The sun is an abundant, powerful source of energy, and it’s clean. The price of solar has come down so much its reached grid parity in many states. But what are the challenges of scaling solar energy? Dr Scott Tinker explains.
"The key points on solar? It’s very clean. And it’s very expensive. Capturing the sun’s energy is the most low impact way to make electricity. The fuel is free and produces zero emissions. Building the facility is fast and simple. And in most cases, the space has already been developed.
Solar is intermittent – it only makes electricity when the sun shines – but it tends to be on when we need it most, in the heat of the day, when air conditioning load is highest. Which means that solar makes the most power, when the electricity it’s replacing is most expensive. These are all good things. Even so, cost is the big challenge of solar. The technology -- panels and everything else – are gradually coming down. But solar is still more expensive than any other power source, making it highly dependent on subsidies. And it’s inefficient. It doesn’t produce much power for the cost.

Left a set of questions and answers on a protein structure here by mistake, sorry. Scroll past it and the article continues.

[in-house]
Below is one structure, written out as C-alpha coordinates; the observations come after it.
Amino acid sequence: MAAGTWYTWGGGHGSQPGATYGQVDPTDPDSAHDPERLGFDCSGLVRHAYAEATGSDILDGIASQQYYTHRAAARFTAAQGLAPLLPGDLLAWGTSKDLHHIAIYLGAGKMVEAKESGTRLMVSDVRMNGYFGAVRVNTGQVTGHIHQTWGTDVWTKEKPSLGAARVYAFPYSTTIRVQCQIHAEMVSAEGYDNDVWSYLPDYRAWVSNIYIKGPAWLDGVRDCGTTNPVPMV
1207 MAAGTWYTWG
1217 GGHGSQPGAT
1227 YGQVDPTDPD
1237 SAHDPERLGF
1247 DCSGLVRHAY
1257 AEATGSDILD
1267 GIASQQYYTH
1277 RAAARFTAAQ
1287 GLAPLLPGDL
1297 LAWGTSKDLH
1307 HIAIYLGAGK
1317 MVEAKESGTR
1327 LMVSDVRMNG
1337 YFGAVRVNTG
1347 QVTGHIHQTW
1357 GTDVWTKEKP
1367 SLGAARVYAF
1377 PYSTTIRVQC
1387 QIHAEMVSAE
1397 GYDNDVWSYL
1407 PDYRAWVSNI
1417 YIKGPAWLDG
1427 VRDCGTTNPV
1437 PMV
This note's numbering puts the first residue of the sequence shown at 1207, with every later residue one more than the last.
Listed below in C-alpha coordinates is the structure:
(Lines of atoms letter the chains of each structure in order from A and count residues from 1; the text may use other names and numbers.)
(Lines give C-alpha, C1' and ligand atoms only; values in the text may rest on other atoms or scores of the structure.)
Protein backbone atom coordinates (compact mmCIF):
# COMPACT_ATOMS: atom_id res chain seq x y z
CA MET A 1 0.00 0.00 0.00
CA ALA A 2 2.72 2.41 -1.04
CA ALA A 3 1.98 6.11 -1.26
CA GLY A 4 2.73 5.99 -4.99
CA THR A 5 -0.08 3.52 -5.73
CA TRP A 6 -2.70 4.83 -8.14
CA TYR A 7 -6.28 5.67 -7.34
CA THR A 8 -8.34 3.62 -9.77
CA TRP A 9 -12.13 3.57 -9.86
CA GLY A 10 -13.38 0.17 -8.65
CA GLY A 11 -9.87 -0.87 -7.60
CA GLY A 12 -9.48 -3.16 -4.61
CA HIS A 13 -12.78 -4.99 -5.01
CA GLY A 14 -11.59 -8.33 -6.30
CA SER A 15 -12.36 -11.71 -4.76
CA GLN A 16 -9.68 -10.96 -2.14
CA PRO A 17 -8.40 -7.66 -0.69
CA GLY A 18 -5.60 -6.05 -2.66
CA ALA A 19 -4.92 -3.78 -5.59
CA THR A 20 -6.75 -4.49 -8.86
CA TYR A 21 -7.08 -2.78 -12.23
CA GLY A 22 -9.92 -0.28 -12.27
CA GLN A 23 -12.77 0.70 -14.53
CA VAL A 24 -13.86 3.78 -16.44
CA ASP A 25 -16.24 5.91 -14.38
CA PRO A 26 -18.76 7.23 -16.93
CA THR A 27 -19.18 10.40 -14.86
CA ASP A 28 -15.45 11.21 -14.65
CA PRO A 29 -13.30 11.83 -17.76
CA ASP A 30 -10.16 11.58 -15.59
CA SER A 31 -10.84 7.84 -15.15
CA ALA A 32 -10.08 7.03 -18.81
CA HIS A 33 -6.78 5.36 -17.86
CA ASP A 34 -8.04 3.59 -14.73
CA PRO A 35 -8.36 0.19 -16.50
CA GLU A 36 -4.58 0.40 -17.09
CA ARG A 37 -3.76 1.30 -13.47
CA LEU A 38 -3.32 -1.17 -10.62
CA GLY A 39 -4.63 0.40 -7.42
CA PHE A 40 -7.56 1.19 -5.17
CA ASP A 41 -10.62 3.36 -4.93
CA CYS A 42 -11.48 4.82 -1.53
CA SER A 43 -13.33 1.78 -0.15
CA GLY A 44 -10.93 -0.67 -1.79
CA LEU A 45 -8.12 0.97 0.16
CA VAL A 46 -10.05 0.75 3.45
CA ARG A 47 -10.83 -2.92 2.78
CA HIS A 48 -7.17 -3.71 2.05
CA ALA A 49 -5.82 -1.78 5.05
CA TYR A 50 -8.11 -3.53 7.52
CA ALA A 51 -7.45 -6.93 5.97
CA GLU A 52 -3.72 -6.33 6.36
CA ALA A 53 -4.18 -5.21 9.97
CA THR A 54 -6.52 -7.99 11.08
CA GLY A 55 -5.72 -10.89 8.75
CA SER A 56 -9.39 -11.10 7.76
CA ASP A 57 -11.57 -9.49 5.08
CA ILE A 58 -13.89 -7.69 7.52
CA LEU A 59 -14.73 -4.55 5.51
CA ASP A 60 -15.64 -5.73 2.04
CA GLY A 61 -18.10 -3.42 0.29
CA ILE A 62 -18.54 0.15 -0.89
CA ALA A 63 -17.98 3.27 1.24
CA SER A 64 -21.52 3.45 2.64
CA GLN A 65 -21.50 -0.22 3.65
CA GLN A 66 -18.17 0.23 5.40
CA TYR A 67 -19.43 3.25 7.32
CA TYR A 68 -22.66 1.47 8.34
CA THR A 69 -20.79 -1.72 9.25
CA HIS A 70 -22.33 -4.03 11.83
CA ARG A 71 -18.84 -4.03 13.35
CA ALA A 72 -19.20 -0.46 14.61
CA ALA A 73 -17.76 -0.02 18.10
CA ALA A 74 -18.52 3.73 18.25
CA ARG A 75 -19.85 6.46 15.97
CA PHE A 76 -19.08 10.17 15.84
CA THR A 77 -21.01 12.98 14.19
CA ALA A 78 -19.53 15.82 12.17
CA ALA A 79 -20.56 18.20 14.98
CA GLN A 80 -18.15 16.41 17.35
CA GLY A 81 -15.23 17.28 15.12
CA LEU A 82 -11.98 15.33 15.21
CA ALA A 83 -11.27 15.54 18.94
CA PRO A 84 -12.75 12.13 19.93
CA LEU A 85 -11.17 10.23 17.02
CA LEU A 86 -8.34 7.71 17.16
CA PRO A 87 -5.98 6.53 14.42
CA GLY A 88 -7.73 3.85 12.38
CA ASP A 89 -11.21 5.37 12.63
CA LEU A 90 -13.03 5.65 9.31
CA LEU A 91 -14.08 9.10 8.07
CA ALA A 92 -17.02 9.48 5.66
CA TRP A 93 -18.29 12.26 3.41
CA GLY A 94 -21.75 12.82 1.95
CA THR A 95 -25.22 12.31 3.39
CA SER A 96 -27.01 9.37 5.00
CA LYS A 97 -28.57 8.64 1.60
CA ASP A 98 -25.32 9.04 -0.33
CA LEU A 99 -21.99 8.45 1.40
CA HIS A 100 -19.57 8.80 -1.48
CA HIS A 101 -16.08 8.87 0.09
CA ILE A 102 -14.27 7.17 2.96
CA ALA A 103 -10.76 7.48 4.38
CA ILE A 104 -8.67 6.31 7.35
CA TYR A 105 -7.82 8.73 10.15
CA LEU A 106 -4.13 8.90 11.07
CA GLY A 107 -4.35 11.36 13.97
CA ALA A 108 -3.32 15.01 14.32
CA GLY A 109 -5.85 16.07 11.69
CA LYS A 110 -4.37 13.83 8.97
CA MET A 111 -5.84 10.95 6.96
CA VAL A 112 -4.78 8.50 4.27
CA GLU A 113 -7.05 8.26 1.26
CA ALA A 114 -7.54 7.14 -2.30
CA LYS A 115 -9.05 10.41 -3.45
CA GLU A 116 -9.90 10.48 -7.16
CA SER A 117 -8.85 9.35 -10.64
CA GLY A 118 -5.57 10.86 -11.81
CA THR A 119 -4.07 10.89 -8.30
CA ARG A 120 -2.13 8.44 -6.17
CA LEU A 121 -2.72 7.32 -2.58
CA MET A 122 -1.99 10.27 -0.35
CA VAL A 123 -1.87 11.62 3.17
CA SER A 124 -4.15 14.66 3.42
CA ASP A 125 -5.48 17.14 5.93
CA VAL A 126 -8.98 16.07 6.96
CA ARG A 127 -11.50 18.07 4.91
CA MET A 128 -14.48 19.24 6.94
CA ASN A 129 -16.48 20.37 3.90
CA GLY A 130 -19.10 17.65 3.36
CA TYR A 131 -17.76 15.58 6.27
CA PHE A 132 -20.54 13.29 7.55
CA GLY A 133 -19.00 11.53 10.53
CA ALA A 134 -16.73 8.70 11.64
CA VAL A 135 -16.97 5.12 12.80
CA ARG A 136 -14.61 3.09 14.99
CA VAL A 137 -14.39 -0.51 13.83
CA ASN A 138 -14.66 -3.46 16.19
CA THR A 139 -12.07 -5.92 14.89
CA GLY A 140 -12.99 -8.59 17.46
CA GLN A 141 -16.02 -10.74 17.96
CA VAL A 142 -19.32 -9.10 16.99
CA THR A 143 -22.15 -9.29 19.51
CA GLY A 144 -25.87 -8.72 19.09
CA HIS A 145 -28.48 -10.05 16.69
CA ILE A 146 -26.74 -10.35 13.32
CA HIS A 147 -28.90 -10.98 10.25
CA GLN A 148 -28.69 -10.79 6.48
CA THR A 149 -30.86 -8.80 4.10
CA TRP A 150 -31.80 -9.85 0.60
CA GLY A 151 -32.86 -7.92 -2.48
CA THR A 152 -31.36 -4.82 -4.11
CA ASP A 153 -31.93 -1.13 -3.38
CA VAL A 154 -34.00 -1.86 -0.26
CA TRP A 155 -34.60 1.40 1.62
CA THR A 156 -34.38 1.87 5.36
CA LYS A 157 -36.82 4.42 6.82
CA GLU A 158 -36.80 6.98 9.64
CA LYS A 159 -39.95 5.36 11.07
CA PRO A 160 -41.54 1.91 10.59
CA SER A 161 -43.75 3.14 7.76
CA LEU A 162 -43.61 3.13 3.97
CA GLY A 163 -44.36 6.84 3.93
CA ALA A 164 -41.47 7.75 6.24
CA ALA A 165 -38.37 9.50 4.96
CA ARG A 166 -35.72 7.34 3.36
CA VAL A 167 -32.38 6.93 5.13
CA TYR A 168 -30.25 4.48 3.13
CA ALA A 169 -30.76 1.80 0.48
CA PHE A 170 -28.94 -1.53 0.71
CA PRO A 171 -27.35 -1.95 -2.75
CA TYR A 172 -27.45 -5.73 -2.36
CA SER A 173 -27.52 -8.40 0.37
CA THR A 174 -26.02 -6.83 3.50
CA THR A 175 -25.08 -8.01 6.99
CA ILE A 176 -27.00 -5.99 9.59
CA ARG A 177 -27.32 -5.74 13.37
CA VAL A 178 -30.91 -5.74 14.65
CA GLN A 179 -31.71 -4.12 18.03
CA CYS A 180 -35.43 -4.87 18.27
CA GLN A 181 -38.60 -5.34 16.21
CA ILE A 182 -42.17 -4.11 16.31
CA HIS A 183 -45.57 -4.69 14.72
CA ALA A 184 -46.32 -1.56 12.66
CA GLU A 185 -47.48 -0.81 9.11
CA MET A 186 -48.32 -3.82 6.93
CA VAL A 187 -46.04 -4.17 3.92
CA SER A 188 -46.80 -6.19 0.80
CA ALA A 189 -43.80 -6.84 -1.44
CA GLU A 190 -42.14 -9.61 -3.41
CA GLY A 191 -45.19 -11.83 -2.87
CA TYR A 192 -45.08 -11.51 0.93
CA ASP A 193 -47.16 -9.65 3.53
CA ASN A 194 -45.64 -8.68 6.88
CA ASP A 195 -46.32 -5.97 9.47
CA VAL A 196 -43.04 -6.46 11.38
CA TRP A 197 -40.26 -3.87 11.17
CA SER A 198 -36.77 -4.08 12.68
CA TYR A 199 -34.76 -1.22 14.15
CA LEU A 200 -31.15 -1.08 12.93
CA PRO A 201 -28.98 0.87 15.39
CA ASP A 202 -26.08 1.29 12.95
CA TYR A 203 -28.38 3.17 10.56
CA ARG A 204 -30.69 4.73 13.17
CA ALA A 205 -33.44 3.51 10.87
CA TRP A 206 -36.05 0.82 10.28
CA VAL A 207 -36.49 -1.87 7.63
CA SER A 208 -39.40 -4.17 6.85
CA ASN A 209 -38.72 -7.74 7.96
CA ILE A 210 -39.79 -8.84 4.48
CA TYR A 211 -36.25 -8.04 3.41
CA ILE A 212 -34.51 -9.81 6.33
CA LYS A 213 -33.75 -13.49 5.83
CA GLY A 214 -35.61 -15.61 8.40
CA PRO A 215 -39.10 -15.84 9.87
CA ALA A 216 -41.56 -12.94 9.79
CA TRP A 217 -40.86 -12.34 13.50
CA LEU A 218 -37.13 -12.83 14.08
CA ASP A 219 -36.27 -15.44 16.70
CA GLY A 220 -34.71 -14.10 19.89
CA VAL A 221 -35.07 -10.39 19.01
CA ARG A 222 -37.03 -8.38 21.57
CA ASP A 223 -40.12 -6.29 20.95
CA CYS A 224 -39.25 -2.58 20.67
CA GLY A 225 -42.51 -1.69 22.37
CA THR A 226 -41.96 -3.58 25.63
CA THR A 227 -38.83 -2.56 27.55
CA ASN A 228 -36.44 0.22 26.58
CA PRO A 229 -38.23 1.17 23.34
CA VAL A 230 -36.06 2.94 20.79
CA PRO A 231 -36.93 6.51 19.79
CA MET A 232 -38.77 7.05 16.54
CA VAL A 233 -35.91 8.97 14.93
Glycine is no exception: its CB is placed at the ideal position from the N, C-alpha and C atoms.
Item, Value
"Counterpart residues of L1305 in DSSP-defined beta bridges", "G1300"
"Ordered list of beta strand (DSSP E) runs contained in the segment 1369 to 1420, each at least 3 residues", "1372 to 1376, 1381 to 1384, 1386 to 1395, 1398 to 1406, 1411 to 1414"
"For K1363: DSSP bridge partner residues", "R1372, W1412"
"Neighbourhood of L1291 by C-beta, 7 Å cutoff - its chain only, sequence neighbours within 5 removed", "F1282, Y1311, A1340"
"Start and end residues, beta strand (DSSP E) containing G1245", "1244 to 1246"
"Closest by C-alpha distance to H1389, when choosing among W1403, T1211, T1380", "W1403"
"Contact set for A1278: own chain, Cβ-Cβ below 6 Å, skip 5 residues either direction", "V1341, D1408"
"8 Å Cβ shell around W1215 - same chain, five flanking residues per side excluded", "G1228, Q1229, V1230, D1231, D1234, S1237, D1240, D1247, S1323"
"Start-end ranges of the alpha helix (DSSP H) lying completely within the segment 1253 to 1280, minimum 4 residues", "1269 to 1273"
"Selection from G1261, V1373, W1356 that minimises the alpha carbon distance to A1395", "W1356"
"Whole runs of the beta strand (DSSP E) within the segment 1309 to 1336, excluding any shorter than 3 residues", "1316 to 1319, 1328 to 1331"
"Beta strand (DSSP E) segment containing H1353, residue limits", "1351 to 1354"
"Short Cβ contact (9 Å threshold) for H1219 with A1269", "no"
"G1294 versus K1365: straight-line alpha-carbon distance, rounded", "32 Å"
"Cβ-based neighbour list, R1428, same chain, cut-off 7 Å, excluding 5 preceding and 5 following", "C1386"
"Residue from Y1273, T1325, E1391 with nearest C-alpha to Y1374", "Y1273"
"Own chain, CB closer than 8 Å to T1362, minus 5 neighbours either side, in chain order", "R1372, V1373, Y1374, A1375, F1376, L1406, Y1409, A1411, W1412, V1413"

That’s partly because it’s dark half the time, and cloudy parts of the other. But also because the technology itself doesn’t turn light or heat into power very effectively. This means, that until the price of solar comes way down, its applications are limited. Especially for solar power plants. It’s hard to build expensive transmission lines, out to an expensive, intermittent, low power generation plant. So solar is super clean, but super expensive. Let’s hope the price continues to fall – so that we can eventually build more of it.
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